Believe it or not, Aaron Craft will head into this season as one of the nation’s most polarizing players.
He embodies every single one of the clichés that sportswriters love to use — heady, gritty, tough, team-first, winner, etc., etc., etc. — but his individual numbers are far less impressive that the win-loss record of Ohio State when Craft is running the team.
Essentially, the argument is this: Craft is either a) the leader that carries the Buckeyes to win after win after win, or b) an overrated stiff that’s gotten a great reputation running the point for his more talented teammates.
Personally, I agree with the former. Outside of Marcus Smart and maybe Jahii Carson, there’s not a point guard in the country that I would rather have if I was starting a team. You can’t teach being a winner, you can’t teach being a leader and you can’t teach the desire to be arguably the best on-ball defender in the country.
Since Craft is a senior, the debate has now extended to his potential as a pro. There are some obvious physical limitations — Craft is not all that tall, he’s not all that explosive, he doesn’t have a massive wingspan — but the intangibles that he brings could, in theory, make him an ideal backup point guard. Kyrie Irving, who is arguably the best point guard in the world right now, was asked whether or not he thought Craft had a shot at the NBA. From Scout.com’s Ohio State site:
“Oh yeah. I believe so,” Irving said when asked if Craft could cut it in the NBA. “He’s a leader, he’s a tough defender, he’s been working on his offensive game. I’m interested to see the things that he’s learned from the camp and the things that he’s accomplished this summer in terms of his game and see the difference between his junior and senior year.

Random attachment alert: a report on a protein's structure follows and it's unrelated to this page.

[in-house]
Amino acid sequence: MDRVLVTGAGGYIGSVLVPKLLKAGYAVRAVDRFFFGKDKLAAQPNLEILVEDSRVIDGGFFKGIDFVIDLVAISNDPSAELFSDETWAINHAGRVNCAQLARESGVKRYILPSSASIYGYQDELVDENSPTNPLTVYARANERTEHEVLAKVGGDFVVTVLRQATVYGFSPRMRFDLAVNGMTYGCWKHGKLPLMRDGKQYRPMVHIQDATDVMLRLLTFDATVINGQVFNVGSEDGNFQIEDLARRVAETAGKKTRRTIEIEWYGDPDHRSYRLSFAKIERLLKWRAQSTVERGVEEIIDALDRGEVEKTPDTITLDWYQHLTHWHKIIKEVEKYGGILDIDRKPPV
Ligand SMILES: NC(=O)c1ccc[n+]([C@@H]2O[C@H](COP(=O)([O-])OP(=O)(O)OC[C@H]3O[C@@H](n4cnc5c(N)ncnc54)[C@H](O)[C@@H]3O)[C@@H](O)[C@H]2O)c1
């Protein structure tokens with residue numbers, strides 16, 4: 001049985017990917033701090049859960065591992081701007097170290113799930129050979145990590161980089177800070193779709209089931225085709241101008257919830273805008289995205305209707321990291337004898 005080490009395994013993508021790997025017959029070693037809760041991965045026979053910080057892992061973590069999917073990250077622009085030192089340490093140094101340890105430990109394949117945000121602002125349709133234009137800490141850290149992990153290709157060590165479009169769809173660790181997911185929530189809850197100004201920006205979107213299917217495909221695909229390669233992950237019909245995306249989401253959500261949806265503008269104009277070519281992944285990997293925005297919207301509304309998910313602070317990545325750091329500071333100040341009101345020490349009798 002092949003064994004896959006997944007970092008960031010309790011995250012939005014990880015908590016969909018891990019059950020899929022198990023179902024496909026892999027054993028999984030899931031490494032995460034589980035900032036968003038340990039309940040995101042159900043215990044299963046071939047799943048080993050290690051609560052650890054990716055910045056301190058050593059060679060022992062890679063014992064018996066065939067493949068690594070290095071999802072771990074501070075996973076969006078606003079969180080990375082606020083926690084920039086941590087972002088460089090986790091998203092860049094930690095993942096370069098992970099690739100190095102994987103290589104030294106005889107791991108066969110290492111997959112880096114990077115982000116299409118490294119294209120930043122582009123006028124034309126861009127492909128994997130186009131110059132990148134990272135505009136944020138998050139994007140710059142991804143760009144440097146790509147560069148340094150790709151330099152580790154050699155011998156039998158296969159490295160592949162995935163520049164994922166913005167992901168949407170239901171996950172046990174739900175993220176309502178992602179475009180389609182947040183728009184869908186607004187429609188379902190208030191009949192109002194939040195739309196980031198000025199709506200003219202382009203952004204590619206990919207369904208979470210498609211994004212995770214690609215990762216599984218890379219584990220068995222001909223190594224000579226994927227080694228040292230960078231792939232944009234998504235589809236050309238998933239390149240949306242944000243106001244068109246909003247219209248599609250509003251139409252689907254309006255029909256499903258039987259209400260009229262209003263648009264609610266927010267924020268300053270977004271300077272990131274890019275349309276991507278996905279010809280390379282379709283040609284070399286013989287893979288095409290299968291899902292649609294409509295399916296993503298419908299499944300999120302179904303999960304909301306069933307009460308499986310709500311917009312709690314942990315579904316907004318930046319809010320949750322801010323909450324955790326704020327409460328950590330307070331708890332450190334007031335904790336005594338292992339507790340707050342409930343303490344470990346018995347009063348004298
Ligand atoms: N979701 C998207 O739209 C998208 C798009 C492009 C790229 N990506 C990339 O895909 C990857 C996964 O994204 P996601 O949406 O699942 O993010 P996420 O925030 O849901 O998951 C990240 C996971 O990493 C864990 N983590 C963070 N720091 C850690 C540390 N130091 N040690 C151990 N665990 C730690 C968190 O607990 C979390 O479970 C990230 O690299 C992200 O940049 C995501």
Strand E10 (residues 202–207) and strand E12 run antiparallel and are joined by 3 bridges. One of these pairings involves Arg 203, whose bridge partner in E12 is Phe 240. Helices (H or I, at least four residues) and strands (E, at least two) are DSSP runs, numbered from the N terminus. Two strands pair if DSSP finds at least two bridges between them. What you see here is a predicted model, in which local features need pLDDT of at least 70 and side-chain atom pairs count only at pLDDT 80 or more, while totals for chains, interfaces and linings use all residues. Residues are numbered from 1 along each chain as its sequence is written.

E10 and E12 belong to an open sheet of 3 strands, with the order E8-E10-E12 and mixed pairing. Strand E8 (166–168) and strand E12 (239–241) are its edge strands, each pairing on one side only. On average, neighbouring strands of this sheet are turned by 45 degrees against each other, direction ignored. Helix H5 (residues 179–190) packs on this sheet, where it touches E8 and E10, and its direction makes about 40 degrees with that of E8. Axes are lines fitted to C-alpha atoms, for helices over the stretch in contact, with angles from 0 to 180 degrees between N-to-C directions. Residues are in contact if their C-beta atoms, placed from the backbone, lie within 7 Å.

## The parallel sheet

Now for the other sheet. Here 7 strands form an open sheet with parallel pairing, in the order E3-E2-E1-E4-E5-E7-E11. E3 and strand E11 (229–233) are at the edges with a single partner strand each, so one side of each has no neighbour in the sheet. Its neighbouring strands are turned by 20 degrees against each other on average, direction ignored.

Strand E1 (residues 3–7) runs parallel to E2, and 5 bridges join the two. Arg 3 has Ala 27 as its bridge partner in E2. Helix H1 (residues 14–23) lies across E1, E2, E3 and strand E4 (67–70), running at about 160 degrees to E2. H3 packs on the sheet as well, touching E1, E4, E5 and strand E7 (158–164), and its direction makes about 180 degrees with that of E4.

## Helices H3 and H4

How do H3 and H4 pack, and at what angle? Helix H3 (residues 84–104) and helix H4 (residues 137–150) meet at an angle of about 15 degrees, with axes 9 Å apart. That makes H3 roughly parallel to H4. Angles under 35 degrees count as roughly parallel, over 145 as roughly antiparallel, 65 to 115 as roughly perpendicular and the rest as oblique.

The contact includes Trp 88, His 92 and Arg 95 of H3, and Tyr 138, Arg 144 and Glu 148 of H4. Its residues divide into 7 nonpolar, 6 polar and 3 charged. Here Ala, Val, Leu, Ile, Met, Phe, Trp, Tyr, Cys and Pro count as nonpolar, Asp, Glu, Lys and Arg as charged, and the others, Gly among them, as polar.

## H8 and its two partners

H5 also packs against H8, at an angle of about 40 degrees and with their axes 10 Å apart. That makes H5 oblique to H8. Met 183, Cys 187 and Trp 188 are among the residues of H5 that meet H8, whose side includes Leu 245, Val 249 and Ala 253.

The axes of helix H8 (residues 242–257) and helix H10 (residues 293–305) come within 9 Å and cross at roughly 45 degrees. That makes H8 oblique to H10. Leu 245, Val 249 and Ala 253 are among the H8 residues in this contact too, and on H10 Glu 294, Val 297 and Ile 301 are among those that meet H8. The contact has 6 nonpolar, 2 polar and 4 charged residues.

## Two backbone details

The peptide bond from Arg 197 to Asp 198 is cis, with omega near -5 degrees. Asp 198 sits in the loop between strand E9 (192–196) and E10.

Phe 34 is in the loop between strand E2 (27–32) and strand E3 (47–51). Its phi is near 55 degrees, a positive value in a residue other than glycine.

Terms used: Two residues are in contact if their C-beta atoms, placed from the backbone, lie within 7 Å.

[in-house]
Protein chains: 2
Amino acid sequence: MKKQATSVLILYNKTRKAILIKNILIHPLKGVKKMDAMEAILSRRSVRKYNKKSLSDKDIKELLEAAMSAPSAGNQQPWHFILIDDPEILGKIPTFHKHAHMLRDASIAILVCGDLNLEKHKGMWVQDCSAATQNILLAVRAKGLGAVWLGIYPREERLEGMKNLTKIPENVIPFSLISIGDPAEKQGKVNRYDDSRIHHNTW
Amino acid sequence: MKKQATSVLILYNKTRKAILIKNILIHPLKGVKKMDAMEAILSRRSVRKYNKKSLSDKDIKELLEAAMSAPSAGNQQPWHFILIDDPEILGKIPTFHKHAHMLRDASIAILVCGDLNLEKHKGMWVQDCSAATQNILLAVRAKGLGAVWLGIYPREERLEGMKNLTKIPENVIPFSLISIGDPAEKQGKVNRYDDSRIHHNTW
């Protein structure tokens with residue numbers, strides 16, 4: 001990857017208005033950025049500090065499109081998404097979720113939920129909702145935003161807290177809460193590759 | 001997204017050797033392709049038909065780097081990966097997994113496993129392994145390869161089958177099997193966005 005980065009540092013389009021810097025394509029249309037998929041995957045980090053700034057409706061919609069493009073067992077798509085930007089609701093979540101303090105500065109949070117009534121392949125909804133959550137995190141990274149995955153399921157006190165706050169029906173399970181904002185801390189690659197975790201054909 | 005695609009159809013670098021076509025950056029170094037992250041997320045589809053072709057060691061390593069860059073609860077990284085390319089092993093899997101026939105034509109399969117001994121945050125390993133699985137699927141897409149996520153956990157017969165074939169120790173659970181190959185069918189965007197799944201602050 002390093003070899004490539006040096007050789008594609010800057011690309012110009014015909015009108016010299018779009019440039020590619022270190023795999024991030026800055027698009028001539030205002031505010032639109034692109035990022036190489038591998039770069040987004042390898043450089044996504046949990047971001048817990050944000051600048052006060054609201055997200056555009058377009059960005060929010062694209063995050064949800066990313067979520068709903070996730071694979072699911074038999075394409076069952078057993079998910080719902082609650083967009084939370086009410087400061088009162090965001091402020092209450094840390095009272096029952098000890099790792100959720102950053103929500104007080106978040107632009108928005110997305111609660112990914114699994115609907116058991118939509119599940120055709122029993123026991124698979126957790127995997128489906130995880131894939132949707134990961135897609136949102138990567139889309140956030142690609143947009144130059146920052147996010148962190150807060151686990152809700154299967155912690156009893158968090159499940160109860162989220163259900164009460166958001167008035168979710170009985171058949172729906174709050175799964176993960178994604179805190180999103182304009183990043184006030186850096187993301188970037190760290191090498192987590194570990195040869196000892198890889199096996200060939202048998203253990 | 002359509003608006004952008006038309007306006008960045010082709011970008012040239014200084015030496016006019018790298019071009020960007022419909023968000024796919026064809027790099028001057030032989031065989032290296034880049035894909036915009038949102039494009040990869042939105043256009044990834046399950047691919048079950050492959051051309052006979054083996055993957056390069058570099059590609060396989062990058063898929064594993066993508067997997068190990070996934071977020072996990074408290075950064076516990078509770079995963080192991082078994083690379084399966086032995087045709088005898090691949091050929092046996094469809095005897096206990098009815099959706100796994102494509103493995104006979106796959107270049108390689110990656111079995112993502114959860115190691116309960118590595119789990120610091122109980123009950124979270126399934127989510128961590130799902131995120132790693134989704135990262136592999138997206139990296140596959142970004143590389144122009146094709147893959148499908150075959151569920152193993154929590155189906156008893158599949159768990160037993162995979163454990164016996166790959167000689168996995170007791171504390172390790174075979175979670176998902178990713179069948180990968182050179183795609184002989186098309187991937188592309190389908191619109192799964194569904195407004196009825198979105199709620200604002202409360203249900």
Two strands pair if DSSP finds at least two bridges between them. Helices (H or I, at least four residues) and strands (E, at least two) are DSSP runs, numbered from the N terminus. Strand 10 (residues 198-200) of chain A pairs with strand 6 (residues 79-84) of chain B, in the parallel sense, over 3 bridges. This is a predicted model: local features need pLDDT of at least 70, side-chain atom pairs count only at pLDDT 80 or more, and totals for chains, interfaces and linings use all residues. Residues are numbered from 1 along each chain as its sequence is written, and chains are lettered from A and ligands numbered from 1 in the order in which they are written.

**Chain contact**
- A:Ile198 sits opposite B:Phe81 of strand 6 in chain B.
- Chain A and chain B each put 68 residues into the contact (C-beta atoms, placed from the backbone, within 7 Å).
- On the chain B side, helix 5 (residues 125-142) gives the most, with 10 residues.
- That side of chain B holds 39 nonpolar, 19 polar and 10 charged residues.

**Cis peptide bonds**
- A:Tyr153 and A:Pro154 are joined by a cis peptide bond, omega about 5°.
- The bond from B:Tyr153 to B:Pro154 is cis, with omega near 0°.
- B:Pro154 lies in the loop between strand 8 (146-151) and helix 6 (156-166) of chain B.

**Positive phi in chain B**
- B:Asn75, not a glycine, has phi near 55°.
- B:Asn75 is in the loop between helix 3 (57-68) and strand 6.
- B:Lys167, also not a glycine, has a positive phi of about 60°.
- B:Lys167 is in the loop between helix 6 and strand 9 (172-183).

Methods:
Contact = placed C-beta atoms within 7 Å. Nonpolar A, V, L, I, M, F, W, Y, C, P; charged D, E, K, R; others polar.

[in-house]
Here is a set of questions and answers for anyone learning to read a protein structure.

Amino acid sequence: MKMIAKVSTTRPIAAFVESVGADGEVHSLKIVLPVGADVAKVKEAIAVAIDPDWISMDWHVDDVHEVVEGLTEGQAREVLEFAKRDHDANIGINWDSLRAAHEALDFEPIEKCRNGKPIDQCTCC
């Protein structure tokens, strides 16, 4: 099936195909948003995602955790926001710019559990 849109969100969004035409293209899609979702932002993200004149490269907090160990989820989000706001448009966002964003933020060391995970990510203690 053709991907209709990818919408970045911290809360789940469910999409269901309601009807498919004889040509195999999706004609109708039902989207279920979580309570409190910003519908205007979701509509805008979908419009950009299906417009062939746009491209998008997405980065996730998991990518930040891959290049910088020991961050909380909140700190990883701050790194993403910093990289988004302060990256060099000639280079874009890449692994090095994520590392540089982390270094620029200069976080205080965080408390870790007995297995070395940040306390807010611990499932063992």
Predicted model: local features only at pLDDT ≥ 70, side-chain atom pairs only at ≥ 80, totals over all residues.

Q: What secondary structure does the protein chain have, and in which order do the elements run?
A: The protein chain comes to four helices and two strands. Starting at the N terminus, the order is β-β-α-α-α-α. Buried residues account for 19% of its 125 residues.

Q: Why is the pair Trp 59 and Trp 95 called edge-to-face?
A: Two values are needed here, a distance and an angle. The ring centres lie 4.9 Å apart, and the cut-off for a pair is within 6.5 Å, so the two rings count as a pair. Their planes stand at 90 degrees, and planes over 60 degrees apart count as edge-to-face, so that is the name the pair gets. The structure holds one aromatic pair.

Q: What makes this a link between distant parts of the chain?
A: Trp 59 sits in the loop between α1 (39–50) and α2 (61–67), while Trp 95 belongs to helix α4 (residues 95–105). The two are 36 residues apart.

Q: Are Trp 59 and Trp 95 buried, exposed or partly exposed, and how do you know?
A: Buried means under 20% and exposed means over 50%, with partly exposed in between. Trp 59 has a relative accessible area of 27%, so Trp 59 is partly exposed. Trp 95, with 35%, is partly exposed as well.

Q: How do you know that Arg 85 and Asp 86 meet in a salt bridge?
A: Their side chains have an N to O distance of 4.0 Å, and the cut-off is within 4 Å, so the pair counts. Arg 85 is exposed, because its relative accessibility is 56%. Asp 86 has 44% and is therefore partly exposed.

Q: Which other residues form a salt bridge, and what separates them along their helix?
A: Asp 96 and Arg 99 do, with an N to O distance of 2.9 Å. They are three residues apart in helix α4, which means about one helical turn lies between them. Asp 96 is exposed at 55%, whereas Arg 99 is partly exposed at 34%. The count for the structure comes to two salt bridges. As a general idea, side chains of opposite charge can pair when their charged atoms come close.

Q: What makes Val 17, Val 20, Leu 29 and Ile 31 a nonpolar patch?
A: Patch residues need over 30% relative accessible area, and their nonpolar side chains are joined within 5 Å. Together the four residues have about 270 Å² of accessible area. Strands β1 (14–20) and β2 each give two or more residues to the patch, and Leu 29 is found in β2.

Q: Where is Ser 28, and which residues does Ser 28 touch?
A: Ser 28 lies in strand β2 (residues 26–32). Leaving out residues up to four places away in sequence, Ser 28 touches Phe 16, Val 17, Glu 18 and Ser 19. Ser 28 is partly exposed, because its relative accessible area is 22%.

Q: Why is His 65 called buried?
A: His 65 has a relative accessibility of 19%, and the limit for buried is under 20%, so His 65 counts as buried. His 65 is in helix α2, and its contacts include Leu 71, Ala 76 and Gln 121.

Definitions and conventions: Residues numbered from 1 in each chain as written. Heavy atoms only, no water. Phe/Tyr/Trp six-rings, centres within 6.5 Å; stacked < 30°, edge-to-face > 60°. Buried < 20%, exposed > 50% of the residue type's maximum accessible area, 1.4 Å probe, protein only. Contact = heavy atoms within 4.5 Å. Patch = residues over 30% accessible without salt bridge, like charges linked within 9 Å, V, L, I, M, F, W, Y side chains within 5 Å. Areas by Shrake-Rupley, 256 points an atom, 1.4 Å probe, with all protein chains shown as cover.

“He did well against the other campers. He played me tough and I know he learned a lot at the camp.”
The camp that Irving is referring to is the Nike Point Guard Academy that Craft attended in New Jersey this summer. I was there on the afternoon that they opened the doors to the media, and I can confirm Irving’s account that Craft played him tough. He picked him up full court on a number of different occasions and played a major role in forcing Irving into some tough shots.
But here’s the thing: we know that Craft can defend people. That’s not a surprise to anyone.
The issue is whether or not he’ll be a liability on the offensive end of the floor. Is he going to have NBA three-point range? Can he effectively run a pick-and-roll against NBA point guards? Will he be able to score off the dribble? At that level, point guards have to be able to score the ball to keep defenses honest, and that’s a legitimate concern about Craft heading into his senior year.
He’ll have a chance to change that perspective, however. Ohio State needs people to step up to replace the scoring they lost with Deshaun Thomas heading to the NBA, and if Craft is one of the guys that can do that, he may play himself into the league.
Regardless of how his pro career turns out, it won’t change the fact that Craft has been one of the best collegiate point guards you’ll see.